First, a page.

Residents, Employees at Veterans Nursing Homes Test Positive for COVID-19

William F. Green State Veterans Home, Bay Minette. Source: Alabama Department of Veterans Affairs.

At the end of June, after completing a round of testing for the coronavirus at the state’s four veterans homes, the state Department of Veterans Affairs reported that all of the residents at the homes were “virus free.”

That is no longer the case.

The department reported Monday that after additional testing last week, nine residents and seven employees at the William F. Green State Veterans Home in Bay Minette tested positive for the coronavirus. So have seven employees at the Colonel Robert L. Howard State Veterans Home in Pell City, three at the Floyd “Tut” Fann State Veterans Home in Huntsville and four at the Bill Nichols State Veterans Home in Alexander City. The positive cases among residents at Green are the first to be reported by that facility.

“The need for continued universal testing at the state veterans homes is critical to reducing the risk of spreading the virus,” state Veterans Affairs Commissioner Kent Davis said in a news release.

Since April, nearly 100 residents at the Bill Nichols home have tested positive for the virus, and 35 of those residents have died.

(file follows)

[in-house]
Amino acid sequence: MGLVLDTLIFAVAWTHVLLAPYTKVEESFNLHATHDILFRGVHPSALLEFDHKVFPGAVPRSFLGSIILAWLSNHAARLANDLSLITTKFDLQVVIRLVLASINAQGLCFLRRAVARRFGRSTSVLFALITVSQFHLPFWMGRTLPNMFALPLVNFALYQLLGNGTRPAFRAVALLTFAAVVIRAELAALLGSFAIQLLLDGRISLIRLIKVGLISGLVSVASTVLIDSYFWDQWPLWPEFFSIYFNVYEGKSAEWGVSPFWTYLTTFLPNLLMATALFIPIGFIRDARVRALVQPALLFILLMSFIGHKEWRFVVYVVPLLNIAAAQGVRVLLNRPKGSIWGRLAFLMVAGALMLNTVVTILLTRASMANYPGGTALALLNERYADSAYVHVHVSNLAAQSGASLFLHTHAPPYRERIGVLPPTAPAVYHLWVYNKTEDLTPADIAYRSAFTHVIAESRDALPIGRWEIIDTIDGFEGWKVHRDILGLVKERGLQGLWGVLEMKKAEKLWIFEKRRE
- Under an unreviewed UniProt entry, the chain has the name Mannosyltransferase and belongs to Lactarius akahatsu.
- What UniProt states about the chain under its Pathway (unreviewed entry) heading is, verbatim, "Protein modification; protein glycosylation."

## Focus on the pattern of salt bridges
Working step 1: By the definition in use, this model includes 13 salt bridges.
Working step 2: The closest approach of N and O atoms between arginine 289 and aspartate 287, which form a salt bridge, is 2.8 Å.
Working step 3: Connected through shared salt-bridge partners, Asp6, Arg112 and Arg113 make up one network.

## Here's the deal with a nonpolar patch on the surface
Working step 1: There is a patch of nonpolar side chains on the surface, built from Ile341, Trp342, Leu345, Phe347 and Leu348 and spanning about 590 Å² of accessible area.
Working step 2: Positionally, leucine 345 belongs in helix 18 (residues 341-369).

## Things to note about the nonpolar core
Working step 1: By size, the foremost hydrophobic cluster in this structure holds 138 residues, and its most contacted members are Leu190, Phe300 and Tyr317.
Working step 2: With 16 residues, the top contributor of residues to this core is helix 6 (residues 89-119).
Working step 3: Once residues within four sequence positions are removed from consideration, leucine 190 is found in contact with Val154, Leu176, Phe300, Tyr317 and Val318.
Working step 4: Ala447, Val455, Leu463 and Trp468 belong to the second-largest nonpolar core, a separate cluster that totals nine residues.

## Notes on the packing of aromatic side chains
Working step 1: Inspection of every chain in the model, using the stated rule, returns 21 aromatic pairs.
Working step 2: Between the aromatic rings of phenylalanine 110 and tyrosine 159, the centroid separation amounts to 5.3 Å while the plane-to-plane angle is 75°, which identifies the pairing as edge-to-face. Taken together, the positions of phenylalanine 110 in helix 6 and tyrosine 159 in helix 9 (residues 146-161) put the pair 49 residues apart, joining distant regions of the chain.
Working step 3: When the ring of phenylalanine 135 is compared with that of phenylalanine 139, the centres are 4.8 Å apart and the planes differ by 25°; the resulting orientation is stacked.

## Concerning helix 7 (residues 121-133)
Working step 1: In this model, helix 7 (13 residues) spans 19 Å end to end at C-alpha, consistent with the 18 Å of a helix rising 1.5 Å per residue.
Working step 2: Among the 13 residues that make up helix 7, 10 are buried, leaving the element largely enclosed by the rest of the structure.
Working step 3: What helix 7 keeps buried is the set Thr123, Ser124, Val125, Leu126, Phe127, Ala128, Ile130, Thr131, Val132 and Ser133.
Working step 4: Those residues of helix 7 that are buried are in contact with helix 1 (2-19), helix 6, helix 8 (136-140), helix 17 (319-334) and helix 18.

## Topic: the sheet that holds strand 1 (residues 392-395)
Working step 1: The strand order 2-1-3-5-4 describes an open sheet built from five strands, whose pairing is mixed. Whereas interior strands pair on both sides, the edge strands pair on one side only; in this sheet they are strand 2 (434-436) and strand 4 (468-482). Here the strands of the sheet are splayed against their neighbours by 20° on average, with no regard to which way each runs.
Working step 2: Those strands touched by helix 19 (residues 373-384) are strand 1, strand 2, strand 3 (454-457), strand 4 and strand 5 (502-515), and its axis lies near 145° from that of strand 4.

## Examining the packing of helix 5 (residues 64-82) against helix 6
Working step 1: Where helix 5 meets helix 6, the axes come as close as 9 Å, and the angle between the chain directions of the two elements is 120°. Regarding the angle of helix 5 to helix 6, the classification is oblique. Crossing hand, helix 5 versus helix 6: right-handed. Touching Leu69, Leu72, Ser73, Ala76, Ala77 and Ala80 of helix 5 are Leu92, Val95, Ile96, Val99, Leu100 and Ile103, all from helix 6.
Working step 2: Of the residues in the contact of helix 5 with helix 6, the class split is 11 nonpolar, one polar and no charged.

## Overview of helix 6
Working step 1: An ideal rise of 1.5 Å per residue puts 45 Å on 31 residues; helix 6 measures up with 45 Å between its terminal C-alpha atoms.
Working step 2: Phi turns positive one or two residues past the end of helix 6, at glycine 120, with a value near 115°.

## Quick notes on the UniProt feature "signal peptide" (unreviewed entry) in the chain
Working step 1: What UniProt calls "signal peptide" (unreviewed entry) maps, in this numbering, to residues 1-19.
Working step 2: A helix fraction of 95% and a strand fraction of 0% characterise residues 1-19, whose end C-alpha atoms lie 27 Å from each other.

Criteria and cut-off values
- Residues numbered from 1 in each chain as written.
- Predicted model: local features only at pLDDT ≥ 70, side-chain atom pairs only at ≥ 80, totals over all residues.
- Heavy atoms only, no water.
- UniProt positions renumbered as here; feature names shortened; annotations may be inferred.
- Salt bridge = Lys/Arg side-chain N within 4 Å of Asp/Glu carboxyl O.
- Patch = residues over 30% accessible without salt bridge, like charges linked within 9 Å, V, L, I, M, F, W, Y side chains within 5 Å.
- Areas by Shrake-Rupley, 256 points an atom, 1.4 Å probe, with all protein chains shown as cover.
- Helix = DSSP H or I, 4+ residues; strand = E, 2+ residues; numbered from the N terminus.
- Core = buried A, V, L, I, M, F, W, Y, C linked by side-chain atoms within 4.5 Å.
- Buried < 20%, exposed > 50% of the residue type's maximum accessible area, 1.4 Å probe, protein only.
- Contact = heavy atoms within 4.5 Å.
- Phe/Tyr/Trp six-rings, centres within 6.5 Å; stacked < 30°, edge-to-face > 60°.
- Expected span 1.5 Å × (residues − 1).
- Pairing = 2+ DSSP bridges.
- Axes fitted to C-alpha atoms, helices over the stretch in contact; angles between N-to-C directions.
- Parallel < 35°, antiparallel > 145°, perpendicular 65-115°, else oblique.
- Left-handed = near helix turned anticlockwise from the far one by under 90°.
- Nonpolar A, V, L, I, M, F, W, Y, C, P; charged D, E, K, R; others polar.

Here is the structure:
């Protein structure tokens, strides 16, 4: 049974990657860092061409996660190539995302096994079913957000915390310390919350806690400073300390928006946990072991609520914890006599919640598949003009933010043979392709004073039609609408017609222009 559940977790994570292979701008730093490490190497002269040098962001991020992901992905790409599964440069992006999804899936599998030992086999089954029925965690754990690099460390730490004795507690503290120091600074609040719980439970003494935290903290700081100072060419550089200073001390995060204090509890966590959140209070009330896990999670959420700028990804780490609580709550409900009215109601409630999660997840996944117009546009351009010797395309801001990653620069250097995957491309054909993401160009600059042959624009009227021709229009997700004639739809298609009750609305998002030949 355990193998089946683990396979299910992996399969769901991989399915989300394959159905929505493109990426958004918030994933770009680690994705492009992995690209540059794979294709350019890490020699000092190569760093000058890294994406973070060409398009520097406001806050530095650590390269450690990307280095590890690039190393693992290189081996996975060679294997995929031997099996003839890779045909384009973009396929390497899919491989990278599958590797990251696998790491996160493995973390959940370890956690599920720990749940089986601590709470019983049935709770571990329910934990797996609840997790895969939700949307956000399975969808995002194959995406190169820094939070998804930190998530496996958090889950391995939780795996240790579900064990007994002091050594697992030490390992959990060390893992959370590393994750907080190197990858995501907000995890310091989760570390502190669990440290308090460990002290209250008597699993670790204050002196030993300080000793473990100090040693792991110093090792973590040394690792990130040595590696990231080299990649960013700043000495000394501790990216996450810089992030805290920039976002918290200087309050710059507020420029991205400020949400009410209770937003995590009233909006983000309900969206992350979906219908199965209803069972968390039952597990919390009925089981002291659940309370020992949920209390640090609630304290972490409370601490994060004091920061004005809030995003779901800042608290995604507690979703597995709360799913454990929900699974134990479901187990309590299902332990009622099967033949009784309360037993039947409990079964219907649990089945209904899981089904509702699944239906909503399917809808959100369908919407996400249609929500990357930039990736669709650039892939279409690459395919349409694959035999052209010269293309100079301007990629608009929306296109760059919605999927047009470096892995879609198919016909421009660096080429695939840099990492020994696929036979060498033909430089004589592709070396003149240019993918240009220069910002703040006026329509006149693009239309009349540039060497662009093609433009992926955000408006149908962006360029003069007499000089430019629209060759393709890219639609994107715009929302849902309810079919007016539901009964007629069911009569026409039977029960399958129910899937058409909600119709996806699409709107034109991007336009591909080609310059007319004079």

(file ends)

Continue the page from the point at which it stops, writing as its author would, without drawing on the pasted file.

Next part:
The Veterans Affairs Department and the firm that operates the homes, Health Management Resources, stopped admissions to the homes in April and instituted protocols that, among other things, drastically cut back on visits to the homes.

Assistant Veterans Affairs Commissioner Bob Horton said that also in April, specialized National Guard teams disinfected each of the veterans homes; a seven-person team from the Birmingham VA Medical Center and an “infectious disease specialist” from the Alabama Department of Public Health did separate surveys of operations at the Nichols home; and an independent infectious disease expert is now at Nichols “to provide daily guidance” to staff there.

At the start of this month, the four veterans homes were housing 551 residents and were staffed by 914 employees.

“The homes continue to treat the pandemic as pervasive and a very high risk,” Davis said. “That is why we continue to use the same protective measures and will be doing so for the foreseeable future. Now is not the time to let our guard down. As Alabama has seen troubling numbers of new COVID-19 patients over the past few weeks, we need to be even more diligent.”

John Matson, a spokesman for the Alabama Nursing Home Association, said the association is aware of 195 facilities around the state that “have had a resident or staff member test positive for COVID-19 since the pandemic began.”

Assistant State Officer Dr. Karen Landers said that of the state’s nearly 1,100 coronavirus-related deaths, 500 have occurred in long-term care facilities.